halloween – a scary eve for those with severe food allergies!

halloween anaphylaxis
carefully carving out their designs

All Hallows Evening a.k.a Halloween is this evening. It’s become synonymous with kids dressing up and venturing out to trick or treat in their neighbourhood. It’s a strange night especially when children knock on the doors of people they don’t know. We teach them not to accept treats or sweets from strangers – yet on this night, hidden in weird costumes it’s bizarrely encouraged!

For parents of children with severe food allergies and contact allergies it can be especially stressful. In the last decade, the cases of food allergies have doubled and the number of hospitalisations caused by severe allergic reactions has increased 7-fold (EAACI, 2015). There has been a 615% increase in hospital admissions for anaphylaxis between1992-2012 (Turner et al, JACI, 2015). In 2011the National Institute for Health and Clinical Excellence stated that between 6-8% of children in the UK had proven food allergies. 

Food allergies and anaphylaxis are impacting more and more of us. Which means that halloween is becoming scarier for more of us too! When my son was little we used to enjoy a lot of community fun around halloween in spite of his severe food allergies and anaphylaxis. Pumpkin picking with friends at a nearby farm, carving our spooky designs into our picked pumpkins together with our neighbours, and of course eating the scooped out pumpkin seeds roasted and the scooped out flesh in soups and muffins all free-from allergens. We even dressed up and enjoyed knocking on the doors of our heath trick or treating with our neighbours (a lot of preparation from me went into the trick or treating part during the week before halloween)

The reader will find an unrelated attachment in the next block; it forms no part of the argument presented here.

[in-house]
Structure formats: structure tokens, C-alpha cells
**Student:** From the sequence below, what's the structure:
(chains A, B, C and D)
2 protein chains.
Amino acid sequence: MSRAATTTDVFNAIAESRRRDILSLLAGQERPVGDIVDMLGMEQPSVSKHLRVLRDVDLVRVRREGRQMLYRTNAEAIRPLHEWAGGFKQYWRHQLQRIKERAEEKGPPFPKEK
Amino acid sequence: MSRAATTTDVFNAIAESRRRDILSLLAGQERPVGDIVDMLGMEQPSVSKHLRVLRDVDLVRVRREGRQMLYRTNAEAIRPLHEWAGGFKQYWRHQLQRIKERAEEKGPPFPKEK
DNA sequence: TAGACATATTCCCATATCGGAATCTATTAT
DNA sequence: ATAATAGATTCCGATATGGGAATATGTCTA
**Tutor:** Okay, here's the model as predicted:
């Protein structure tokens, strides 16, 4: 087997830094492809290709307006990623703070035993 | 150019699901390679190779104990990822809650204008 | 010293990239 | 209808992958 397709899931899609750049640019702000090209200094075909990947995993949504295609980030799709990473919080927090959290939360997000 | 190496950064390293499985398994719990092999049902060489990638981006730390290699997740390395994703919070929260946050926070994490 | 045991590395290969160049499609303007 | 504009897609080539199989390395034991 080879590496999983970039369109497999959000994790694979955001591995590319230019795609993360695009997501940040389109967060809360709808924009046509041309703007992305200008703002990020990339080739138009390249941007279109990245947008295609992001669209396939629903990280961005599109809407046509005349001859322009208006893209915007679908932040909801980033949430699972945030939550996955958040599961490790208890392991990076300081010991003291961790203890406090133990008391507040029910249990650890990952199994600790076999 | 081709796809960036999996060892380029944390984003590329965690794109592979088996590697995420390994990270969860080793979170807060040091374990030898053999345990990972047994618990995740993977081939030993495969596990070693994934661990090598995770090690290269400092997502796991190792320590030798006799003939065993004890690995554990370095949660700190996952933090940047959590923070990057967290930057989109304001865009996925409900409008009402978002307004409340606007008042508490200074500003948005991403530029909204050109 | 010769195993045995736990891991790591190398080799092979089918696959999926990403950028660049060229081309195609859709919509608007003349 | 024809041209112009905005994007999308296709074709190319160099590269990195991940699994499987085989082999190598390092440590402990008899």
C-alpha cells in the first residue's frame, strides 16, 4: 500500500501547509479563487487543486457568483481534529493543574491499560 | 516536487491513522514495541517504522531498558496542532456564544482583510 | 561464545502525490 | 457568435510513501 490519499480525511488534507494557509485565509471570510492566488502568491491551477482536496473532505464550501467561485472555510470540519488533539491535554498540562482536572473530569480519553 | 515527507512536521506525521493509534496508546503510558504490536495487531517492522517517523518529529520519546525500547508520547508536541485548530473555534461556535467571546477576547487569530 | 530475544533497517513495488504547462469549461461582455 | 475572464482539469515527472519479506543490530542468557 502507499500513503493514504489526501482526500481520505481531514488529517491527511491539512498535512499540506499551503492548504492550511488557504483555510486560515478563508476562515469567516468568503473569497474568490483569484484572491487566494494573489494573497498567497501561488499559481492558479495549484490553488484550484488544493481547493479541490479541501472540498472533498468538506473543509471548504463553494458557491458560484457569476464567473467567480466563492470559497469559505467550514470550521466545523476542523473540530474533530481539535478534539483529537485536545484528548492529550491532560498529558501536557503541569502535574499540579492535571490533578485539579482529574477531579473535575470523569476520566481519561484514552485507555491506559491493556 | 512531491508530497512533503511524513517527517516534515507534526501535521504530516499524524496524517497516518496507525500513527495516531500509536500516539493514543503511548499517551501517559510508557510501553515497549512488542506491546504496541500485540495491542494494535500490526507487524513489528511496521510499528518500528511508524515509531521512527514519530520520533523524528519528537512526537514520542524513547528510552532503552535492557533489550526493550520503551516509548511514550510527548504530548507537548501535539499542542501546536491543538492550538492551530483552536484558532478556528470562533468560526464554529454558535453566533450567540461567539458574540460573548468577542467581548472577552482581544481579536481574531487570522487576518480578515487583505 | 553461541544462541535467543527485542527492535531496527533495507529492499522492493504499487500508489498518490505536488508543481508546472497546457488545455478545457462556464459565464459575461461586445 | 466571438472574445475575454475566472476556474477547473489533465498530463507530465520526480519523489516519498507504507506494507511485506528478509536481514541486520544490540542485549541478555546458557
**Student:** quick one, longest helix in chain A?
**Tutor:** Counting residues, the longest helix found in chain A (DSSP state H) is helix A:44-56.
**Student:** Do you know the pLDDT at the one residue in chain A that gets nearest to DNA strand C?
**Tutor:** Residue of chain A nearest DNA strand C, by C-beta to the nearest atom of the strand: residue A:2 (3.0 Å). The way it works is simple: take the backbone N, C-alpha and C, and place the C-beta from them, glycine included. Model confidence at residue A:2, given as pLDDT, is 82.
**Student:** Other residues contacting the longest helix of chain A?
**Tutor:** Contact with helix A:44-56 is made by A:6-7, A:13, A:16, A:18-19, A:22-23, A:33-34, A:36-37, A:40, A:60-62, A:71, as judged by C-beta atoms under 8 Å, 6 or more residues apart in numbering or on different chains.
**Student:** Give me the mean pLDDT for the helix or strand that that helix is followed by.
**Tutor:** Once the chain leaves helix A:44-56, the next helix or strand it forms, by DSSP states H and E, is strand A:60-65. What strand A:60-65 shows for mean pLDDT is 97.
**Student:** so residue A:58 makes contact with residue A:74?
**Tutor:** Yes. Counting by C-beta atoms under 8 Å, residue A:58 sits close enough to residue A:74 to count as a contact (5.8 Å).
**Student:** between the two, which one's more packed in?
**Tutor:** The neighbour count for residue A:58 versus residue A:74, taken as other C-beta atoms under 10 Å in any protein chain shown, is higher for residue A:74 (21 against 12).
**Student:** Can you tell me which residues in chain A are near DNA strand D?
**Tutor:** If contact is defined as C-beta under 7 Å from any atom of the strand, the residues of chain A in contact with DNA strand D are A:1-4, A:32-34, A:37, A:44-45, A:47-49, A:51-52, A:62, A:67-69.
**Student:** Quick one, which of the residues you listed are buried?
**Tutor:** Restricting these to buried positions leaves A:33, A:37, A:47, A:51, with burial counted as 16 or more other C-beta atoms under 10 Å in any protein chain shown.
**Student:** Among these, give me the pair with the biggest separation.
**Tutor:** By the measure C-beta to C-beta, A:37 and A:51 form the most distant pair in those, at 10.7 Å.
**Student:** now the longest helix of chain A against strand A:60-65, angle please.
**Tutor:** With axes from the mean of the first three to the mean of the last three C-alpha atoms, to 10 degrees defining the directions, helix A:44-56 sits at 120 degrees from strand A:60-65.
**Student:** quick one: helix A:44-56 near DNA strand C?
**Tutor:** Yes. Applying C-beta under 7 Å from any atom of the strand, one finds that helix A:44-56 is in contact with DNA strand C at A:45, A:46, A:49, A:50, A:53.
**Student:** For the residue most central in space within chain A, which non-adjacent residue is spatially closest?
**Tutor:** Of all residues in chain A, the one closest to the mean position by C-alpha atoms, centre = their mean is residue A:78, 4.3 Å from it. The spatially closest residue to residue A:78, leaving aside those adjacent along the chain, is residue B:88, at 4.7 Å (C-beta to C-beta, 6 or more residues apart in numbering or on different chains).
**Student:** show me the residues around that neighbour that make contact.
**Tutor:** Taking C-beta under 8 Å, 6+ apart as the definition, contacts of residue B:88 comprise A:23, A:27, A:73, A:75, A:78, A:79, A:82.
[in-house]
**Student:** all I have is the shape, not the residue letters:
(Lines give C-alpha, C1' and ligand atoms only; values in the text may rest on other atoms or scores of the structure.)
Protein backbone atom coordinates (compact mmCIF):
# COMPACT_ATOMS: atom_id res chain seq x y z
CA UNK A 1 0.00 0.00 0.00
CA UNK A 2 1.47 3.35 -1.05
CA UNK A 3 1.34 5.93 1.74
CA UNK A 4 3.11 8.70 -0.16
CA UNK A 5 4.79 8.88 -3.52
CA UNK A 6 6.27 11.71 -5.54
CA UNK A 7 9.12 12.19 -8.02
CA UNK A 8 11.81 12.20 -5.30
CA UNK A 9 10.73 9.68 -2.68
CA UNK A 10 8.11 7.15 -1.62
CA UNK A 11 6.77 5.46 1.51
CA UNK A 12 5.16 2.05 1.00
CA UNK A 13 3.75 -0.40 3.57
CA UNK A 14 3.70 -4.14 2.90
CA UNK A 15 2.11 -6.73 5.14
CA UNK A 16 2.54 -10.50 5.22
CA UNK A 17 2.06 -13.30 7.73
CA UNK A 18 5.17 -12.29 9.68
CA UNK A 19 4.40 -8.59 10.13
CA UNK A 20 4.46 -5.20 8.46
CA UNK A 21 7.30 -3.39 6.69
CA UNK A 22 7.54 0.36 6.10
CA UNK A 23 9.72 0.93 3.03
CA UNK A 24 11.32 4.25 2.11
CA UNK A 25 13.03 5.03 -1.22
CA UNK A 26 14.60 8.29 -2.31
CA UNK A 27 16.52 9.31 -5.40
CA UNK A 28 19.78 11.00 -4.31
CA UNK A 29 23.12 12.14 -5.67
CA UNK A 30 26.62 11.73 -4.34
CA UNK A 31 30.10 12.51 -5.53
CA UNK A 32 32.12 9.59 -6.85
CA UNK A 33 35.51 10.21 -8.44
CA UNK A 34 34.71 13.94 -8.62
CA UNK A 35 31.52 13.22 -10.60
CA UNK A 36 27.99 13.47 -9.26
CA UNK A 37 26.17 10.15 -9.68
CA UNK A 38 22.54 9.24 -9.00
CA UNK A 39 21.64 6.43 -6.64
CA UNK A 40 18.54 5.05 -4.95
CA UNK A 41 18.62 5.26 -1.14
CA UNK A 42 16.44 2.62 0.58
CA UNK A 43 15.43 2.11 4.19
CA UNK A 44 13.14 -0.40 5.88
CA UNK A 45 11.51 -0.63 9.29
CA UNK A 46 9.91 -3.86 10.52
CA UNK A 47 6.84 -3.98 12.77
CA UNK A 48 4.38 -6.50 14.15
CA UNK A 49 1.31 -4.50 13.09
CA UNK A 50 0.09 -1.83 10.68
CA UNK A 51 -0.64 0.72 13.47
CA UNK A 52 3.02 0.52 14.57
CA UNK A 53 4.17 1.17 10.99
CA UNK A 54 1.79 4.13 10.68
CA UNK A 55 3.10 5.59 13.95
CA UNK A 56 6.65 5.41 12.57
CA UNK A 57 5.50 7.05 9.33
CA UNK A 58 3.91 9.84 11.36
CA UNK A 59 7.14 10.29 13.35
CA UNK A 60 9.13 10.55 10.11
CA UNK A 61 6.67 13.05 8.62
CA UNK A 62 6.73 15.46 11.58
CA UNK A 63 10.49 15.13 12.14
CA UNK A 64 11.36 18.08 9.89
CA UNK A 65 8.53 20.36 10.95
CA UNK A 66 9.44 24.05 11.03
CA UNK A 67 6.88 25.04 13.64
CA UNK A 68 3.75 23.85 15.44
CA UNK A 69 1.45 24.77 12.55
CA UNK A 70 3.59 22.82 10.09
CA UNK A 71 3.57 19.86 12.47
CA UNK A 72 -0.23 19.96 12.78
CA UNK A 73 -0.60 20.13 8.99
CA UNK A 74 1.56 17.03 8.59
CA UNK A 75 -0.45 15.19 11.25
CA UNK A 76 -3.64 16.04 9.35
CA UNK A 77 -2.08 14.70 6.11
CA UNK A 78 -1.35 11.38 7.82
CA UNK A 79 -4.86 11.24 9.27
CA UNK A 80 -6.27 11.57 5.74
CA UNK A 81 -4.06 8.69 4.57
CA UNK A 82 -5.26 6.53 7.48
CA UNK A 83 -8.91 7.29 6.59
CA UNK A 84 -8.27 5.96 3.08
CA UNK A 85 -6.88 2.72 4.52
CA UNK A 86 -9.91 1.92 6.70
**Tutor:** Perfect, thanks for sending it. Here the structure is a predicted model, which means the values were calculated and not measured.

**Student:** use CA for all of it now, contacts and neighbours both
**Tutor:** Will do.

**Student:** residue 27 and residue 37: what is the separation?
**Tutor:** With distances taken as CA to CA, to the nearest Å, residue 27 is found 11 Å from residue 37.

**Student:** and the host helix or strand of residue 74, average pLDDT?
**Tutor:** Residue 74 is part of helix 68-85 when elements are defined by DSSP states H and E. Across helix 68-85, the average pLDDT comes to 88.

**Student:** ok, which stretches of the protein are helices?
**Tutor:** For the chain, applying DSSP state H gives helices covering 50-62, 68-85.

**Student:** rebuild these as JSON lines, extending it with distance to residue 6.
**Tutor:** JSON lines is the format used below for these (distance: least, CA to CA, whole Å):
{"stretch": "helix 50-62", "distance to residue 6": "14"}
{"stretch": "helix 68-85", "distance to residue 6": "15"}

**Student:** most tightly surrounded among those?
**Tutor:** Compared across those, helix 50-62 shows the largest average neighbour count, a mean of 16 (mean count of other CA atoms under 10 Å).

Then one year it all went horribly wrong. My son went into anaphylactic shock. I had done my little pre-halloween visits to the neighbours so knew the homes we’d be visiting for trick or treats were supplied with safe treats for Aaron – glow-sticks, plastic bats and spiders, party poppers and some safe haribo packets of sweets. After all the years we’d been doing it the neighbours had it sussed.

food allergic reaction halloween
it’s never too early to be dressed & ready for trick or treating! 2009 when we thought we had it sussed!

We finally finished our wander round the houses and had returned home. Aaron and the neighbours children were all excitedly comparing their loot in their pumpkin buckets, playing in the dark and scoffing the sweeties they’d procured.

Aaron was seven and knew he had to let me check over the ingredients of his sweets before he could eat anything.  He came over with his pumpkin bucket to ask what he could have. I spotted a kinnerton free-from chocolate lolly in the bucket I’d ordered online from the supermarket as a safe sweet free-from treat for Aars. So I said he could eat that.